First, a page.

Founder and President, phaseUP
Most trials are run by a mix of internal and external groups. Making sure the overall team is cohesive, collaborative, and communicating before the program starts can make the difference between a trial that runs smoothly and one that needs a rescue, or fails.
What if … millions could be released from the burden of anxiety and depression they battle ever day?
CEO, VistaGen Therapeutics
Anxiety and depression are overwhelming more than 20 million Americans every day. The global scourge of these debilitating disorders exceeds 300 million. We have a critical need for new therapeutic solutions for those struggling with these cruel disorders.
Breakthrough medicines that are fundamentally different from current treatments are a key part of the new solution paradigm. To complement “talk therapy,” patients need faster-acting medicine that can be taken at home (not in a clinic), without risk of addiction, hallucinations, sedation, or other side effects and safety concerns.
The emerging use of ketamine for depression is an example of out-of-the-box thinking by pharmaceutical researchers. Ketamine, widely used for anesthesia since 1970, was long overlooked as a solution for depression due to its dissociative effects and abuse potential. Now, ketamine’s rapid antidepressant effects in treatment-resistant patients has captured the global spotlight, enhanced by the FDA’s recent approval of a nasal spray formulation called Spravato. Ketamine therapy must be administered and monitored in a clinic. While, ketamine offers hope for millions who do not benefit from standard antidepressants, we now need to go beyond ketamine to fast-acting antidepressants that can be taken at home, without ketamine’s side effects and safety concerns.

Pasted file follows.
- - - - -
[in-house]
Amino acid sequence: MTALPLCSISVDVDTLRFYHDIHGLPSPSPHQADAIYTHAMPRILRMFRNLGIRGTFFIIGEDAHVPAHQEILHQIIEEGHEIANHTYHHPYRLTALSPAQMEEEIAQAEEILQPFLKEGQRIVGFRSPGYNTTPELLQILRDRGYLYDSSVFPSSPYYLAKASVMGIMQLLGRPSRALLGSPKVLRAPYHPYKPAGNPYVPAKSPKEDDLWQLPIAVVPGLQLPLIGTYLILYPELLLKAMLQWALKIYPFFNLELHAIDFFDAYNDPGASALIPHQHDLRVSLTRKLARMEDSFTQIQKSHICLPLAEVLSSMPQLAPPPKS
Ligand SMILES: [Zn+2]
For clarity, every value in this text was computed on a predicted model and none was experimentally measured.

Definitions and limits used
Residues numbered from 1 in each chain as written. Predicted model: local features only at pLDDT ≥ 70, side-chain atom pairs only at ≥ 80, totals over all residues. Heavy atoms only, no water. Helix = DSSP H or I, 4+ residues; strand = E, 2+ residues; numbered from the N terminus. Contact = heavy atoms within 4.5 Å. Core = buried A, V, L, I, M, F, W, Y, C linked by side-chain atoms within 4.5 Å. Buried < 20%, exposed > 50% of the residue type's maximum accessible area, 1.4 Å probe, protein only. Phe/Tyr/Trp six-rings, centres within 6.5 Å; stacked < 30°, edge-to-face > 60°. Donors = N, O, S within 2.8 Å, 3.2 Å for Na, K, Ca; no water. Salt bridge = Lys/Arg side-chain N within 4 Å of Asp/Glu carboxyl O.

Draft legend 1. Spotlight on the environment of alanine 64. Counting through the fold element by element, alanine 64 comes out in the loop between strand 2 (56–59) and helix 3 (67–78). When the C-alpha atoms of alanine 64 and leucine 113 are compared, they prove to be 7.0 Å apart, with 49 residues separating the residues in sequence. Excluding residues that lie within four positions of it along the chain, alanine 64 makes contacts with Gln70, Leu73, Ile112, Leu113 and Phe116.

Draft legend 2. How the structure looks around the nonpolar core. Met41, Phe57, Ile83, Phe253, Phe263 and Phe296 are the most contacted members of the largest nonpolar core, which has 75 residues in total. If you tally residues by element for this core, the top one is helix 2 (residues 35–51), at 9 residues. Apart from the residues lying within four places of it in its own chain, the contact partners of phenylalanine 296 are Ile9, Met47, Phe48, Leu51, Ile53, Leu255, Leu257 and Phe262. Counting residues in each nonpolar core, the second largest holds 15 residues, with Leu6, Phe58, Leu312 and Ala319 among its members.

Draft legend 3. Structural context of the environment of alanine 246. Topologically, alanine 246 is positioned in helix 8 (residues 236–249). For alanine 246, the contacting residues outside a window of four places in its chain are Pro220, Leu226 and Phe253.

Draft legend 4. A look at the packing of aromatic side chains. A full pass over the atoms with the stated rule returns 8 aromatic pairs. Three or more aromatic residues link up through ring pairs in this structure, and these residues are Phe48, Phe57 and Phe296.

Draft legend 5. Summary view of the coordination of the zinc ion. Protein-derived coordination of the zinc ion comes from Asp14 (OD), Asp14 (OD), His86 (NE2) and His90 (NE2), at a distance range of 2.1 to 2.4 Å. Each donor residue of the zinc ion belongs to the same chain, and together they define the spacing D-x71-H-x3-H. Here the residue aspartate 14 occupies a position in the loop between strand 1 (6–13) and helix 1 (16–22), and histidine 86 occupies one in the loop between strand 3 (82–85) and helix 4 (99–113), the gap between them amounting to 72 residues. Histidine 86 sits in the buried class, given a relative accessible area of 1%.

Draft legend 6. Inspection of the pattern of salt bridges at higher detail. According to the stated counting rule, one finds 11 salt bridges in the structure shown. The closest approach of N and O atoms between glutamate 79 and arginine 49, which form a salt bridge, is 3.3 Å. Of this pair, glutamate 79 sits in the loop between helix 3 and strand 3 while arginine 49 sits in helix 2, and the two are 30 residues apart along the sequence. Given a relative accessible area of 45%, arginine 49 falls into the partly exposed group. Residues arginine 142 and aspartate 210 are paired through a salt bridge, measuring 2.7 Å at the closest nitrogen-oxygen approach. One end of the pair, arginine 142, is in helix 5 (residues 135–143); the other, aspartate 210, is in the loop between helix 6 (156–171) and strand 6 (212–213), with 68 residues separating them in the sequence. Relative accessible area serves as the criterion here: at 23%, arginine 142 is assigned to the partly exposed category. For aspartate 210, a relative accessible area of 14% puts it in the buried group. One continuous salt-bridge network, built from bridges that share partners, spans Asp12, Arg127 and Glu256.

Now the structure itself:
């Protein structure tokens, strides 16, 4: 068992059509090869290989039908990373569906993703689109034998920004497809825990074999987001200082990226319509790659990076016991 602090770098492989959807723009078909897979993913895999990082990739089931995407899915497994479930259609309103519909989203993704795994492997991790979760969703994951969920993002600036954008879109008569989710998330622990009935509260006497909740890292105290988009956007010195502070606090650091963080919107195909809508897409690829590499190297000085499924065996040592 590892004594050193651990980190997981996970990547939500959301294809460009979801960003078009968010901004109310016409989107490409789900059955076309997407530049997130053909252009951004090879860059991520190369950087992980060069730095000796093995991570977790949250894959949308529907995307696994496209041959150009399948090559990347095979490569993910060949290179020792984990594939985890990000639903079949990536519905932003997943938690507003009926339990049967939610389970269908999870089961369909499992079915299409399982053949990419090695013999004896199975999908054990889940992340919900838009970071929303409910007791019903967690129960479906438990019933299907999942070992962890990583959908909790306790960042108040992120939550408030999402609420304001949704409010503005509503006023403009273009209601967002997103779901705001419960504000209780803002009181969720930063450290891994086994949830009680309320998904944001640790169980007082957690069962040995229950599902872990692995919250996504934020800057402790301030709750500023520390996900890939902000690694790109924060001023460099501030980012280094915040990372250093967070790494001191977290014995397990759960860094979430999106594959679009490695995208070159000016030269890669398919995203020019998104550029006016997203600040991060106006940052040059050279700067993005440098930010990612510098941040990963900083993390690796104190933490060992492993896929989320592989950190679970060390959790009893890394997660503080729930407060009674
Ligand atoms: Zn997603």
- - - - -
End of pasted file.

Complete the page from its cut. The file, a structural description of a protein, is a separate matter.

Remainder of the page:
What if … we broke the silos throughout pre-commercialization to post-commercialization?
Chief Revenue Officer, Eversana
If we think about all the services and solutions that touch a newly launched brand in the market, we can all agree that innovations in therapeutic development have advanced beyond traditional product launch strategies and service models. In every step of the product lifecycle, we see pockets of transformation. And the problem is exactly that — “pockets” of transformation. The pipeline in regenerative medicine, for example, is focused on the complexity of pricing, which it must, but what about logistics — everything from chain of custody to temperature monitoring — and the risk that comes along the supply chain through patient support?